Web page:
The term “big data” refers to data that is so large, fast or complex that it’s difficult or impossible to process using traditional methods. The act of accessing and storing large amounts of information for analytics has been around a long time. But the concept of big data gained momentum in the early 2000s when industry analyst Doug Laney articulated the now-mainstream definition of big data as the three V’s:
Volume: Organizations collect data from a variety of sources, including business transactions, smart (IoT) devices, industrial equipment, videos, social media and more. In the past, storing it would have been a problem – but cheaper storage on platforms like data lakes and Hadoop have eased the burden.
Velocity: With the growth in the Internet of Things, data streams in to businesses at an unprecedented speed and must be handled in a timely manner. RFID tags, sensors and smart meters are driving the need to deal with these torrents of data in near-real time.
Variety: Data comes in all types of formats – from structured, numeric data in traditional databases to unstructured text documents, emails, videos, audios, stock ticker data and financial transactions. – SAS
Types of Data Analysis: Techniques and Methods
There are several types of data analysis techniques that exist based on business and technology. The major types of data analysis are:
– Text Analysis
– Statistical Analysis
– Diagnostic Analysis
– Predictive Analysis
– Prescriptive Analysis
Text Analysis is also referred to as Data Mining. It is a method to discover a pattern in large data sets using databases or data mining tools. It used to transform raw data into business information. Business Intelligence tools are present in the market which is used to take strategic business decisions. Overall it offers a way to extract and examine data and deriving patterns and finally interpretation of the data.
Statistical Analysis shows “What happen?” by using past data in the form of dashboards. Statistical Analysis includes collection, Analysis, interpretation, presentation, and modeling of data. It analyses a set of data or a sample of data. There are two categories of this type of Analysis – Descriptive Analysis and Inferential Analysis.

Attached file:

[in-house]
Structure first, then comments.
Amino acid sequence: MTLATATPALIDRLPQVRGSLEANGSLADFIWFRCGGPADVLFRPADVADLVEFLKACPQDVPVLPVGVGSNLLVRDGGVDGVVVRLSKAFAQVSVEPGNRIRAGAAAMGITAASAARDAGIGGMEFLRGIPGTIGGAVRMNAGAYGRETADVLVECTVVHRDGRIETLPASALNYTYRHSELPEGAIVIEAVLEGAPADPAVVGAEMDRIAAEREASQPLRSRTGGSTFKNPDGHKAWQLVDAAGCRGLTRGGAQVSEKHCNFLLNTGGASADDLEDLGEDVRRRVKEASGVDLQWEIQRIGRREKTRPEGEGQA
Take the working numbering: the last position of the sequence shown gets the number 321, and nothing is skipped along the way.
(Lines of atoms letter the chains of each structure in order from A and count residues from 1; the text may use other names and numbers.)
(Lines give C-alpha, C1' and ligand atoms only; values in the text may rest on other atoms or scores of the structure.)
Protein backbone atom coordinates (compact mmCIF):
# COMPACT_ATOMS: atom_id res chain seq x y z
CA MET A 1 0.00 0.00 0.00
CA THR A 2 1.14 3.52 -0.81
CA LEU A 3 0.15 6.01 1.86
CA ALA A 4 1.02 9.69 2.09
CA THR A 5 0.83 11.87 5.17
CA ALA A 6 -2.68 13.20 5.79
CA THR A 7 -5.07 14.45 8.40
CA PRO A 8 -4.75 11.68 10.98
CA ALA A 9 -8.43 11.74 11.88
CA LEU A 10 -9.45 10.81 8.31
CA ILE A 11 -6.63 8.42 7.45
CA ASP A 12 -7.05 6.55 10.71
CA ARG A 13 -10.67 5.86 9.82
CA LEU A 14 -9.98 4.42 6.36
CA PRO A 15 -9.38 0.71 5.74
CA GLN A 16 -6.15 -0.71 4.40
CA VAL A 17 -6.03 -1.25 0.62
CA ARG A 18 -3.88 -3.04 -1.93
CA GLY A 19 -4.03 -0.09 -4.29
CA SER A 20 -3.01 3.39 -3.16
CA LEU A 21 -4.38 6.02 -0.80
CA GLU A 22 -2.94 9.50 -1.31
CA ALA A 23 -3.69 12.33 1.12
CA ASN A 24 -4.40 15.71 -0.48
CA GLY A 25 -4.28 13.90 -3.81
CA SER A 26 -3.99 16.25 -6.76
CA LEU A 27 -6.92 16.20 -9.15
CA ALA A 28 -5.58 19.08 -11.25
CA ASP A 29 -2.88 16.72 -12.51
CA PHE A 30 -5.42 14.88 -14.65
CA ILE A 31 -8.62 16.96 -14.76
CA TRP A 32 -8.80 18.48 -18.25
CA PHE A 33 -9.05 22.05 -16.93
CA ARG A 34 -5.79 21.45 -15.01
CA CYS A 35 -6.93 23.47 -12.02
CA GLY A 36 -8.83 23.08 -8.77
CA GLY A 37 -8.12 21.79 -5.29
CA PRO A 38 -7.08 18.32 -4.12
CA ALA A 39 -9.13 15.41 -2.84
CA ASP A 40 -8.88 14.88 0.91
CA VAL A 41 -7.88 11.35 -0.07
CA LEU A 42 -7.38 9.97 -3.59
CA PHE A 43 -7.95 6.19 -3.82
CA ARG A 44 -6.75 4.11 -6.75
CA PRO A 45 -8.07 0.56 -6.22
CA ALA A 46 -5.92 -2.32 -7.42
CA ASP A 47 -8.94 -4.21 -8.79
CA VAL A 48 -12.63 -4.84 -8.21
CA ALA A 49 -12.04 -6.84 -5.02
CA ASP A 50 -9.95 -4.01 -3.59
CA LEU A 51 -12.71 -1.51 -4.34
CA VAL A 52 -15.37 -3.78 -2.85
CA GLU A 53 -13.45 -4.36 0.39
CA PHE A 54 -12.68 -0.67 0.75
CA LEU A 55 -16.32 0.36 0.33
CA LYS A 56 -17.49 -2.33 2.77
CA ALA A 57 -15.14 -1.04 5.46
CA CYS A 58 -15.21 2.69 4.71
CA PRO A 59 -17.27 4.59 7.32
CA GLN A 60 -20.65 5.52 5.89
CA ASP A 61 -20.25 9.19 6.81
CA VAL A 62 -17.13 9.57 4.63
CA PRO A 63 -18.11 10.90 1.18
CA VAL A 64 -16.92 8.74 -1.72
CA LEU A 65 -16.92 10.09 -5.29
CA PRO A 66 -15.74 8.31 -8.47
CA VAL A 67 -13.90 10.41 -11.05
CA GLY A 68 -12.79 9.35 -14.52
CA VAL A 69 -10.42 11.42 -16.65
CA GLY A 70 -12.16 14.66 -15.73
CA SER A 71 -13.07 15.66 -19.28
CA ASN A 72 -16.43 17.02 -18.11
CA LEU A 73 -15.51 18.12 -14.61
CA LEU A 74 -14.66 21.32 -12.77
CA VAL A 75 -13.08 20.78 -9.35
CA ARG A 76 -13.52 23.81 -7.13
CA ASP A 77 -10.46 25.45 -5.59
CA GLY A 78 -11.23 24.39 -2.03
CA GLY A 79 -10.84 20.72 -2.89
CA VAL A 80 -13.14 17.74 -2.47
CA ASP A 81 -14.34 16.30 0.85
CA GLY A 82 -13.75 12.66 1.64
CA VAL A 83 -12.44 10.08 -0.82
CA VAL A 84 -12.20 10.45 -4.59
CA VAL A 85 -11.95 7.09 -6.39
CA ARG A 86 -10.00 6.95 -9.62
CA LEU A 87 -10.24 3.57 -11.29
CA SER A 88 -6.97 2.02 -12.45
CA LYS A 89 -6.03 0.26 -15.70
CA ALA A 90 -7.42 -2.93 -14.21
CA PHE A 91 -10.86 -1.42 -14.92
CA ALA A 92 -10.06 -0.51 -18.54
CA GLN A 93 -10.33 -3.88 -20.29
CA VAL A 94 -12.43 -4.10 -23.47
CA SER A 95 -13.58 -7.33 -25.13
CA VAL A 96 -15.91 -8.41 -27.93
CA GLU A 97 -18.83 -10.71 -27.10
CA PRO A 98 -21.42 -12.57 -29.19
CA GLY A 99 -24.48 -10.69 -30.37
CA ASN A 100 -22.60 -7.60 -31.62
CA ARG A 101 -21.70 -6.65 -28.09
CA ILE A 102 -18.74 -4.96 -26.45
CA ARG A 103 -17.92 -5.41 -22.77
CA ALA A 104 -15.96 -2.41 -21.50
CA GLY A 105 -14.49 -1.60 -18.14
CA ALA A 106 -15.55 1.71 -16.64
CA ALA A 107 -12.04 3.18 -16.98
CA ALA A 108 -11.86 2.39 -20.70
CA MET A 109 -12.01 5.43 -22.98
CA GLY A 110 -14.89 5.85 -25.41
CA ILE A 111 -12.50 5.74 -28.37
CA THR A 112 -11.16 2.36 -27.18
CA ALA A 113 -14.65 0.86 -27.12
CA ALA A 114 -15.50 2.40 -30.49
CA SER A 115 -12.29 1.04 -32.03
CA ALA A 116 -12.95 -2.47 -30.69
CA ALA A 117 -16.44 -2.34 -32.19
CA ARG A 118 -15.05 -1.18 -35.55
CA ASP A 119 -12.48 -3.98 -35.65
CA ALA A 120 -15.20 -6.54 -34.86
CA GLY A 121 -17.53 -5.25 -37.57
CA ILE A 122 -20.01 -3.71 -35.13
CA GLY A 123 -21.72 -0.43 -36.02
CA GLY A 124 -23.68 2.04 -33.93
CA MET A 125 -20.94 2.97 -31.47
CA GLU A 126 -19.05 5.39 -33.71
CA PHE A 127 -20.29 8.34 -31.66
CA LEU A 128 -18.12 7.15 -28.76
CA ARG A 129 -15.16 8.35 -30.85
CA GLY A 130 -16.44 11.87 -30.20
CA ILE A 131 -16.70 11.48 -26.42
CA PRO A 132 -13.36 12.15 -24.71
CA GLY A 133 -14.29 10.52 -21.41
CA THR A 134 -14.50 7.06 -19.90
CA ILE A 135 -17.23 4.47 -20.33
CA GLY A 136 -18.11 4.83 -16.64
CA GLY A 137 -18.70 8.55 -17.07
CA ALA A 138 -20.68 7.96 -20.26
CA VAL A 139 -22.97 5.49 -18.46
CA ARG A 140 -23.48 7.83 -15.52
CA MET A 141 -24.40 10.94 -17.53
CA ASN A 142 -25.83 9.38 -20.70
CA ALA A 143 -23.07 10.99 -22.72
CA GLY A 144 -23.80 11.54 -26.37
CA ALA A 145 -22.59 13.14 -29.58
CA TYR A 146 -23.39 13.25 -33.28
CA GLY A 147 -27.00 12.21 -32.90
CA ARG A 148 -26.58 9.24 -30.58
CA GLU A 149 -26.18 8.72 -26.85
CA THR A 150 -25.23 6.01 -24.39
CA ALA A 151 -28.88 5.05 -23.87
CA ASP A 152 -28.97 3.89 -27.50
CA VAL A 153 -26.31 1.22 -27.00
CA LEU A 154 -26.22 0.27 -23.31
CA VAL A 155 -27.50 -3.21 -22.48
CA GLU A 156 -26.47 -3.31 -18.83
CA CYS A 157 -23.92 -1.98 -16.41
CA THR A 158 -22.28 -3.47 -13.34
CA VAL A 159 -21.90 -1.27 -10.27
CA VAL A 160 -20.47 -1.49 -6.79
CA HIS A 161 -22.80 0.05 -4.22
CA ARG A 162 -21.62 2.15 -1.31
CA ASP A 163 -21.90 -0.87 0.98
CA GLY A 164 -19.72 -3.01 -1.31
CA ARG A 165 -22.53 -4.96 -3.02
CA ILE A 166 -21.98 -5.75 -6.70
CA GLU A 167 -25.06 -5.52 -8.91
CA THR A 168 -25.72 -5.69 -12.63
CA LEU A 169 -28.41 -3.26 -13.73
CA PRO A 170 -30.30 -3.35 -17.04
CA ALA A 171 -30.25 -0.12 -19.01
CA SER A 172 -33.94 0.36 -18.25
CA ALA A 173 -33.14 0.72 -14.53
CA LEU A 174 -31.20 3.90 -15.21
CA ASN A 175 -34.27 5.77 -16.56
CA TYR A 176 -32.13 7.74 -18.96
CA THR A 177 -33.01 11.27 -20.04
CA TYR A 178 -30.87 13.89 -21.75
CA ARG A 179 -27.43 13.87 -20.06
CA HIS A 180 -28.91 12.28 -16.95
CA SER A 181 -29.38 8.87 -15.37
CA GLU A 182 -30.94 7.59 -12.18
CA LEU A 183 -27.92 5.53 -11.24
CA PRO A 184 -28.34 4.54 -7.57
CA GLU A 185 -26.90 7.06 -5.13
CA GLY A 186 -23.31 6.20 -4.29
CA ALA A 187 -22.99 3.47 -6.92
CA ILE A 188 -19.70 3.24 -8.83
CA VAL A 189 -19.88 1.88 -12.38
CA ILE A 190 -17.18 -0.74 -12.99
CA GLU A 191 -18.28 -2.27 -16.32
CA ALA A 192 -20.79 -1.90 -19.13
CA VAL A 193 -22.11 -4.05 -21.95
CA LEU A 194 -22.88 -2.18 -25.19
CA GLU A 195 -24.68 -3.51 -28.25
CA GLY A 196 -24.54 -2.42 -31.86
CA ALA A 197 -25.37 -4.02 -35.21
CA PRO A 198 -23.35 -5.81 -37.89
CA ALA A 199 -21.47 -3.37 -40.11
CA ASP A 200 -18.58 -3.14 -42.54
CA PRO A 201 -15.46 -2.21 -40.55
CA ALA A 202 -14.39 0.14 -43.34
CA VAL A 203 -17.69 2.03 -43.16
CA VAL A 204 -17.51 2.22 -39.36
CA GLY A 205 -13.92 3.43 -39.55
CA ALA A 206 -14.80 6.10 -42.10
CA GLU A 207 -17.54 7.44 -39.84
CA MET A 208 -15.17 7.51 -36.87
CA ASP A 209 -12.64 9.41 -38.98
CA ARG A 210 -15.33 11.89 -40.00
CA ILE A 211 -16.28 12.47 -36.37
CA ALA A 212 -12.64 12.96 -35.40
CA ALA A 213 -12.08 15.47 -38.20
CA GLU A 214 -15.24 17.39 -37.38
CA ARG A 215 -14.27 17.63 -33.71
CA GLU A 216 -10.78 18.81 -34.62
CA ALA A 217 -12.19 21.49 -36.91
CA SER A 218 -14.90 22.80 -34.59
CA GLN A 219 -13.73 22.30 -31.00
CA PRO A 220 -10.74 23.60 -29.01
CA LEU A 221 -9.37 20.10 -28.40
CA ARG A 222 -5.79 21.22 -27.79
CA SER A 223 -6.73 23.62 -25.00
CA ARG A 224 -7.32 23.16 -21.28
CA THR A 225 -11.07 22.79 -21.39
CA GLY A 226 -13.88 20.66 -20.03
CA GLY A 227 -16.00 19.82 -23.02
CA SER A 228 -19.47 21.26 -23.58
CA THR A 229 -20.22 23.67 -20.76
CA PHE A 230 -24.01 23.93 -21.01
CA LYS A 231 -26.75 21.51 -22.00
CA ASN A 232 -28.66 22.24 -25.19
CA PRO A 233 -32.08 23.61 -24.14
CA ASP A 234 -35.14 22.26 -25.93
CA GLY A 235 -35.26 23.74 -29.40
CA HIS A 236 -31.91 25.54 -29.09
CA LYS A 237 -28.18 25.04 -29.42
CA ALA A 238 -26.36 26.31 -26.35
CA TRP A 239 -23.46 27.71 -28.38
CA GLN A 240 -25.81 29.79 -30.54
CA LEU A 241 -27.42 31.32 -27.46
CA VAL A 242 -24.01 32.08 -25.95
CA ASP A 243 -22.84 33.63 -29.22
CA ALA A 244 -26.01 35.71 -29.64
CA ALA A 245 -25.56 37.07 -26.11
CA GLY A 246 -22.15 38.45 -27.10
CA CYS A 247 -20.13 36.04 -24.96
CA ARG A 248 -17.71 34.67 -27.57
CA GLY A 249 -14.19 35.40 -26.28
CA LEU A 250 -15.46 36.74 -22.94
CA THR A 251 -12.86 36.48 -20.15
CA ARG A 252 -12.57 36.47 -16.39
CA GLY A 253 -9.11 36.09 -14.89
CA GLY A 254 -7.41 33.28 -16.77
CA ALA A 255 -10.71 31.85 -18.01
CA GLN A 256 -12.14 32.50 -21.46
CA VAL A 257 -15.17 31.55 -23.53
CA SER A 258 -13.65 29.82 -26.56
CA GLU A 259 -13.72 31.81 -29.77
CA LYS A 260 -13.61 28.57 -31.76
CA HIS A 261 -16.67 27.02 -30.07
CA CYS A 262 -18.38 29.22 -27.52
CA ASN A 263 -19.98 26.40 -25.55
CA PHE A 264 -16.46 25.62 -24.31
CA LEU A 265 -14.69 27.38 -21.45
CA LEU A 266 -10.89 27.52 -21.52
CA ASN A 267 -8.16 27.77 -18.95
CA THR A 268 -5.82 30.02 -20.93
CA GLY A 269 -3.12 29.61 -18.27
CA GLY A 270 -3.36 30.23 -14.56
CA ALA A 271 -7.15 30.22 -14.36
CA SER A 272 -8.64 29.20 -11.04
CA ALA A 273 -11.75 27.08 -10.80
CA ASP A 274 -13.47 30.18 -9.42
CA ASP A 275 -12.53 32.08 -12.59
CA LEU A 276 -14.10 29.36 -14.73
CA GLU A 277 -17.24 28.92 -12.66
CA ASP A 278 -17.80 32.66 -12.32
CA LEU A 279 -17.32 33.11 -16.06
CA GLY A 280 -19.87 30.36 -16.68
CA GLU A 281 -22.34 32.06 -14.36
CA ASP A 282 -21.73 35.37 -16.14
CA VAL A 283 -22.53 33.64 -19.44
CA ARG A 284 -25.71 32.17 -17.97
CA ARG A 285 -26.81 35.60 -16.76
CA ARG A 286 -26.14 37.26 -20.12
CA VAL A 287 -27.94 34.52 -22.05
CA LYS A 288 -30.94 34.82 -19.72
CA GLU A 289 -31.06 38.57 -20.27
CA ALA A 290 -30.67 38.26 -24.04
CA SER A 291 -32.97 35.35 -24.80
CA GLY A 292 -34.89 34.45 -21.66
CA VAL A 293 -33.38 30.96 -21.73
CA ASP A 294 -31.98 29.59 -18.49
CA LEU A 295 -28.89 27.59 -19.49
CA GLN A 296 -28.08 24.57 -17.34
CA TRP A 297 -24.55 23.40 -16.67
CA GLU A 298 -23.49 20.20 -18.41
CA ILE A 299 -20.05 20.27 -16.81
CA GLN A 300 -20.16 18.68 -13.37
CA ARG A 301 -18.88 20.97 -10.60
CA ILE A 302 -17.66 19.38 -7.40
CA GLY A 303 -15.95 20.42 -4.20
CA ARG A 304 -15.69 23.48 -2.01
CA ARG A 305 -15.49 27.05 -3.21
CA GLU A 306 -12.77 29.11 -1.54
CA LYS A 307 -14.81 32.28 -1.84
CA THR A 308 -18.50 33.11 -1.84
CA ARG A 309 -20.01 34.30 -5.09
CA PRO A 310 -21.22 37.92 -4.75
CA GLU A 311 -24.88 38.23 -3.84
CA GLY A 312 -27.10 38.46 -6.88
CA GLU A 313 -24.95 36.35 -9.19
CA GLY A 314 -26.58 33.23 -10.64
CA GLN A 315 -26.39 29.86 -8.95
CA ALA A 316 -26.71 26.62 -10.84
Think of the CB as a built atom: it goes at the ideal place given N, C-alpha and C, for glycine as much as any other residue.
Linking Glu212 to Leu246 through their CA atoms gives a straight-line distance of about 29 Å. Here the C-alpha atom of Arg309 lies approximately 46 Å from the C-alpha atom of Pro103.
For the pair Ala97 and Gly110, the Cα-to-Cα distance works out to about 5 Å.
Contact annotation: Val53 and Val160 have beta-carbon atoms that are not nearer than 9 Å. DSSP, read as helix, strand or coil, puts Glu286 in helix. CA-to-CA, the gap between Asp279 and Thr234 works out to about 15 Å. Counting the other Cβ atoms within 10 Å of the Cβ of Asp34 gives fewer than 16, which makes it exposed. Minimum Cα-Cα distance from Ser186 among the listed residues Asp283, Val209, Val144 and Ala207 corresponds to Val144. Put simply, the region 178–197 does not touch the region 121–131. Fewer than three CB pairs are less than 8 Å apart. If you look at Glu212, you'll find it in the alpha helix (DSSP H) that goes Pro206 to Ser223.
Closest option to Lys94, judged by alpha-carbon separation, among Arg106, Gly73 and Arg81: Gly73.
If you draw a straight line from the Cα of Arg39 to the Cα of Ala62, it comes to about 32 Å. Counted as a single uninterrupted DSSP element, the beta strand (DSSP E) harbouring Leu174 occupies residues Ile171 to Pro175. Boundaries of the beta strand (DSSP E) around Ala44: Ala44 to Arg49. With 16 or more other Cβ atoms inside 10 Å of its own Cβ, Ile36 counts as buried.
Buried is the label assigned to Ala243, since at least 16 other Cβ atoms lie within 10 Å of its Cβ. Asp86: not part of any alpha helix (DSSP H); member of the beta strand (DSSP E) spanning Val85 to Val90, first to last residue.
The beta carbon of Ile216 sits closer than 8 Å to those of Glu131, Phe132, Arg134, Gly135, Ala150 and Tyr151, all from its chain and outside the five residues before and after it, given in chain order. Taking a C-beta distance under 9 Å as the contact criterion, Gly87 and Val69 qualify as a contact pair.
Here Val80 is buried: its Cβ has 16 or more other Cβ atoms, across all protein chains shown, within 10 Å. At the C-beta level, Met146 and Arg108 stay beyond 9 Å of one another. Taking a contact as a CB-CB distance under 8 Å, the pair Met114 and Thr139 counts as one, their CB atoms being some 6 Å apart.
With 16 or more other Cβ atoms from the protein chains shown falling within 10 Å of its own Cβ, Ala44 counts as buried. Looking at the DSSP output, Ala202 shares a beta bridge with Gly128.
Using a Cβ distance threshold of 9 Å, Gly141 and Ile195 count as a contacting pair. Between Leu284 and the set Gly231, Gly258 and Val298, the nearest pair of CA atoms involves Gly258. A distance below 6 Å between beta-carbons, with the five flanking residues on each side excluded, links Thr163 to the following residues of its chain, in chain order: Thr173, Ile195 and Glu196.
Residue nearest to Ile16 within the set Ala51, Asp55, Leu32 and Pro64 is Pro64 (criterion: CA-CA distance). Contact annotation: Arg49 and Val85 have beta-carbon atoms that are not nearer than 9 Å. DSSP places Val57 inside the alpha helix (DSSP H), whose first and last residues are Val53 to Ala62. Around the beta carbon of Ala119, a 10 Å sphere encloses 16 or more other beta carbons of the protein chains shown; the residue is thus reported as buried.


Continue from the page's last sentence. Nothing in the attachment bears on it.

Diagnostic Analysis shows “Why did it happen?” by finding the cause from the insight found in Statistical Analysis. This Analysis is useful to identify behavior patterns of data. If a new problem arrives in your business process, then you can look into this Analysis to find similar patterns of that problem. And it may have chances to use similar prescriptions for the new problems.
Predictive Analysis shows “what is likely to happen” by using previous data. The simplest example is like if last year I bought two dresses based on my savings and if this year my salary is increasing double then I can buy four dresses. But of course it’s not easy like this because you have to think about other circumstances like chances of prices of clothes is increased this year or maybe instead of dresses you want to buy a new bike, or you need to buy a house!
So here, this Analysis makes predictions about future outcomes based on current or past data. Forecasting is just an estimate. Its accuracy is based on how much detailed information you have and how much you dig in it.
Prescriptive Analysis combines the insight from all previous Analysis to determine which action to take in a current problem or decision. Most data-driven companies are utilizing Prescriptive Analysis because predictive and descriptive Analysis are not enough to improve data performance. Based on current situations and problems, they analyze the data and make decisions.